Children receiving child protection services

Key findings

  • In 2020–21, about 178,800 children (1 in 32) received child protection services such as investigations of notified child abuse/neglect, care and protection orders, or out-of-home care placements.
  • 58% of these children (103,400) were the subject of an investigation only and 24% (42,000) were on a care and protection order and in out-of-home care.
  • 65% of children (116,600) receiving services were repeat clients.
  • About 58,000 (172 per 1,000) Aboriginal and Torres Strait Islander children received child protection services in 2020–21.

Child protection authorities provide multiple services to vulnerable children, such as case management, referral to support services, investigations of notified child abuse/neglect, provision of care and protection orders and out-of-home care placements. A summary of child protection services reported in Child protection Australia is presented in Table 2.1.

A child may receive one or more of these services depending on their circumstances.

Table 2.1: Services for vulnerable children

Service When does a child receive this service? What’s involved?
Investigation Children become the subject of an investigation when a child protection department receives a notification of child maltreatment that meets a threshold for further action. Child protection workers look into an allegation of child maltreatment. This includes a range of information gathering activities such as interviews, record checks and home visits.
Care and protection order Orders are granted for children who have been found to be the victims of child abuse/neglect or are in need of protection. In most cases this occurs following a substantiation; however, orders can be made to remove children from unsafe environments immediately. An order conferring legal responsibility for a child is made through the courts. This has the effect of transferring parental responsibility for the child to the child protection department, or an authorised Aboriginal community controlled organisation, or a nominated carer, or initiating supervision of parents.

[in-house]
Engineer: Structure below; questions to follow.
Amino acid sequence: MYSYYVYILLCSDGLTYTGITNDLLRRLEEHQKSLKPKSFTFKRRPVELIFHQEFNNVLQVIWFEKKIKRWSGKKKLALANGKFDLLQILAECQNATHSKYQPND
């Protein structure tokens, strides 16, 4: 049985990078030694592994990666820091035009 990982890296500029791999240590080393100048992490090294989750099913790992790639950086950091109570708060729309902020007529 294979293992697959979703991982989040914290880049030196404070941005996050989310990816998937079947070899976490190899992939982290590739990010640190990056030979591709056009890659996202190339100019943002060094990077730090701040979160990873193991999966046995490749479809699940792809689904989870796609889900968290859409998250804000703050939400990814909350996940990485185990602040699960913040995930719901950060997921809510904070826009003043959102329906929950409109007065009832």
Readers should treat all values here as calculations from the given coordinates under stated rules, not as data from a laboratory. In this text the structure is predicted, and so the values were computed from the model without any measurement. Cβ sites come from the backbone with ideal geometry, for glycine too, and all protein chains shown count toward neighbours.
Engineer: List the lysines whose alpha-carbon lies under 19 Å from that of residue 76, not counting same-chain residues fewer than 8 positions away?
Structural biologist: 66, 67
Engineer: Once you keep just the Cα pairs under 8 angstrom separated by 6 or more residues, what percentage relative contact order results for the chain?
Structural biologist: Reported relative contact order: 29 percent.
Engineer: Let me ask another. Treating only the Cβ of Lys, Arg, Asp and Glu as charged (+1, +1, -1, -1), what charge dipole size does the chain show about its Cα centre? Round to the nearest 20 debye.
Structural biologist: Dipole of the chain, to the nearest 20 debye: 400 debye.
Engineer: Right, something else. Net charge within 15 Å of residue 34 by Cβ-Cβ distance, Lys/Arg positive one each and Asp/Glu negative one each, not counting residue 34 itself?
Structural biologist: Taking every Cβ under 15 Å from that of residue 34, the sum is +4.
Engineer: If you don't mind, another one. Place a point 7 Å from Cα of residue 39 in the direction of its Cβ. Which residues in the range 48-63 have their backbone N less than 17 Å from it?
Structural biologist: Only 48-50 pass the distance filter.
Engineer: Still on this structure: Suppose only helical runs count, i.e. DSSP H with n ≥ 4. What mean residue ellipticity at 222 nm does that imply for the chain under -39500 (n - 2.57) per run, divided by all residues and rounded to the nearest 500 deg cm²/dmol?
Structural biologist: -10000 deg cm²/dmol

Out-of-home care Out-of-home care placements are provided to children who are unable to live at home. This may be for child protection reasons or to provide respite for parents. A child is placed in alternative accommodation as they are unable to live at home. The type of placement is dependent upon each child’s circumstances.
Intensive family support service Families can be referred to intensive family support services at any time. Child protection departments may utilise these services in less severe cases and to help facilitate reunification of families. Families are referred to these services for advice, education and support. The aim is to prevent separation of children from parents and to achieve reunification where possible.

In this report, children receiving child protection services are those children aged less than 18 years who in 2020–21 were:

  • the subject of an investigation of a notification
  • on a care and protection order
  • in out-of-home care.

Box 2.1 outlines data limitations for reporting on children receiving child protection services.

Children may be involved in more than one component of the child protection system. As such, ‘Children receiving child protection services’ is not a total count of the 3 areas; it is a count of unique children across the 3 areas (see Figure 2.2 for the overlap of services received).

Children who were only the subject of a notification that was not subsequently investigated have not been included. This is because, apart from an initial risk assessment, it is expected that the department responsible for child protection would have a limited level of involvement with these children and their families.

Children who received only intensive family support services have also not been included in this section as unit record-level data were not available for national reporting. See Intensive Family Support Services for information about children receiving intensive family support services.

Box 2.1: Data limitations for children receiving child protection services

There are differences in jurisdictional legislation, policy and practice regarding the administration of child protection services. Refer to Boxes 3.1, 4.1 and 5.2 for further information, as well as to table footnotes, the Technical notes, and Appendixes A to C before comparing data across jurisdictions.